Helping to settle a debate over plate tectonics that has divided geologists for decades, scientists at Harvard University have moved a step closer to understanding the complex physical deformation of one of the most densely populated earthquake zones on Earth: the Tibetan Plateau.

Published in the journal Earth and Planetary Sciences Letters, their paper tackles a question fundamental to how earth scientists think about the ground we live on: Is plate tectonics applicable on a continental scale?

Harvard geophysicists Brendan Meade and Jack Loveless say the answer is yes. They say that on the Tibetan Plateau, where India is pressing north into the rest of Asia at a geologic sprint, the continents deform and interact in ways that can be understood using plate tectonic theory.

“There has been a great debate over plate tectonics since the 1960s,” said Meade, associate professor of earth and planetary sciences. “The interactions between continents are so complex. A lot of people in the field believe that continental interactions are too complex to be explained by plate tectonic theory.”

An alternative to plate tectonics — which describes how large plates of the Earth’s crust slowly move and interact — has long existed in the earth science community. Thin viscous sheet theory, as it is known, says that continental interactions are best understood as the result of continuous forces across blocks of land, rather than strain at discrete faults. Thin viscous sheet theory is born of a belief that plate tectonic theory, originally conceived of at the global scale, doesn’t adequately explain the smaller-scale motions of continents.

The debate isn’t an academic one: It has important implications for earthquake preparedness.

“By describing continental deformation using plate tectonic theory, we can estimate how quickly stress is building up on major faults, which will eventually be released in earthquakes,” said Loveless, a research associate in Harvard’s Department of Earth and Planetary Sciences. “It’s this type of calculation that can have implications for seismic hazard around active faults.”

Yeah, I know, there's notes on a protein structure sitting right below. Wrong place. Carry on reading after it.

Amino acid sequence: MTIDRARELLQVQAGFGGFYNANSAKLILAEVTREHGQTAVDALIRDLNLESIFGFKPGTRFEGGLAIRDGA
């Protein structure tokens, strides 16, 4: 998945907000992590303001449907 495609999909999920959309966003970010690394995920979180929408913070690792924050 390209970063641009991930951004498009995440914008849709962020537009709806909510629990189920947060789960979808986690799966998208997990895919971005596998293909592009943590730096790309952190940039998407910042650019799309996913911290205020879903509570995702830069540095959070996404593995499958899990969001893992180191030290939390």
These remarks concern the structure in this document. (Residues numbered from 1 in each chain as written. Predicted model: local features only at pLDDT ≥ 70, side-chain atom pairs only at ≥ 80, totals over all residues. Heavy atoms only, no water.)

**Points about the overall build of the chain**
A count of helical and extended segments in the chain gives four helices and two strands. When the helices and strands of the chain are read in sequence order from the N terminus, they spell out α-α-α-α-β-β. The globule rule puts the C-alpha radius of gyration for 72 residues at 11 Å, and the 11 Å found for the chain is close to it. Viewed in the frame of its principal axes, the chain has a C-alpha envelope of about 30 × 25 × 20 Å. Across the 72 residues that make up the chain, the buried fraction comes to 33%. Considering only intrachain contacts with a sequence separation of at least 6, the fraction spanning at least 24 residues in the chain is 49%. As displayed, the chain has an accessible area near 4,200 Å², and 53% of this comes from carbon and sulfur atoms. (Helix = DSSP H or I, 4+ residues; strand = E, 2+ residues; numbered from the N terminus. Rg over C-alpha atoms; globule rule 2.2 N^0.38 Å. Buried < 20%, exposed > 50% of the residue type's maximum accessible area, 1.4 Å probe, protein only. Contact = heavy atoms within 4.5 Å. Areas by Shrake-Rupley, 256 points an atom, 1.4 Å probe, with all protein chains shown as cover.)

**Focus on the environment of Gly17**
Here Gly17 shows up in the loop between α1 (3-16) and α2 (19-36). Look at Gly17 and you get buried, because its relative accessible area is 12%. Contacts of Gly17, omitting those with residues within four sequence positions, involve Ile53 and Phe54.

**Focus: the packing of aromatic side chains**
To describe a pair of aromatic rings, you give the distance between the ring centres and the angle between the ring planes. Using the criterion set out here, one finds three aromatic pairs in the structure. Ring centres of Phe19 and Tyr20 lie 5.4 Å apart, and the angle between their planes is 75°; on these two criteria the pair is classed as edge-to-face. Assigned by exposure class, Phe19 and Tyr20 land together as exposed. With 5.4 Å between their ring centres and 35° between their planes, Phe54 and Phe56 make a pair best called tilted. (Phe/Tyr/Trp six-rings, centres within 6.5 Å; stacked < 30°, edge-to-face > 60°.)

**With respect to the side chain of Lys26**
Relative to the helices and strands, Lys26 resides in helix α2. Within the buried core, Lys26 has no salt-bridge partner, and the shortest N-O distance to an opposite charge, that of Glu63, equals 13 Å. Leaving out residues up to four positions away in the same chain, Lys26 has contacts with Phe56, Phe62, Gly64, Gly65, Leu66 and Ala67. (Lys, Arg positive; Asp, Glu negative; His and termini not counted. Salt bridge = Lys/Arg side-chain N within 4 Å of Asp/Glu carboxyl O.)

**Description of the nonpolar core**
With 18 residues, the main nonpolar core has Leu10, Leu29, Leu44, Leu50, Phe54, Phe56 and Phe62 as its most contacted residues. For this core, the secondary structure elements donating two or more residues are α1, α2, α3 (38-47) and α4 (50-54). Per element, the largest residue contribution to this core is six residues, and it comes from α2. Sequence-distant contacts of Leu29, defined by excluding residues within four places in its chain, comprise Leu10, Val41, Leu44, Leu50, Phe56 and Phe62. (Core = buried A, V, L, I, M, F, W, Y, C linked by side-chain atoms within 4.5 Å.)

To determine whether plate tectonics could be applied to continents, Meade and Loveless set out to test the premise on the world’s most active continental collision, redeploying tools ordinarily used to measure small faults to gauge massive chunks of the Earth’s surface.

Using highly precise GPS data from the Tibetan Plateau, they constructed a picture of how fast and in what direction land in the area was moving over time. Geologists had previously identified at least a dozen significant faults on the Tibetan Plateau. Meade’s team mapped fine movements of the Earth’s crust along all of these faults, looking at patterns of motion and strain at those boundaries versus elsewhere across Tibet.

“GPS data have allowed us to refine the global maps of tectonic plates and the interactions between them, giving a more detailed view of how the Earth’s crust deforms,” Loveless explained.

How much of the strain on a block of land, the scientists wondered, can be predicted by understanding what is going on at faults? If plate tectonics is a good explanation of continental interactions, they reasoned, then the strain at the faults, at plate boundaries, should account for most of the pressure on the entire block of land.

“If strain is localized mostly along major faults, then plate tectonic theory can also be used to describe the complex patterns of continental deformation,” said Meade.

That’s exactly what he and Loveless found. Compiling enormous amounts of GPS data — which can measure movements down to a staggering single millimeter per year — they found evidence that the Tibetan Plateau’s geologic strain is, in fact, found overwhelmingly at its faults. The models, which display direction and speed of motion as well as quantify the complex seismological measures of strain and deformation, show that analysis at the faults is a good predictor of the behavior of the entire block.

“Plate tectonics works to predict deformation of continents,” Meade said. “It gives a good earth scientist goose bumps just thinking about that.”

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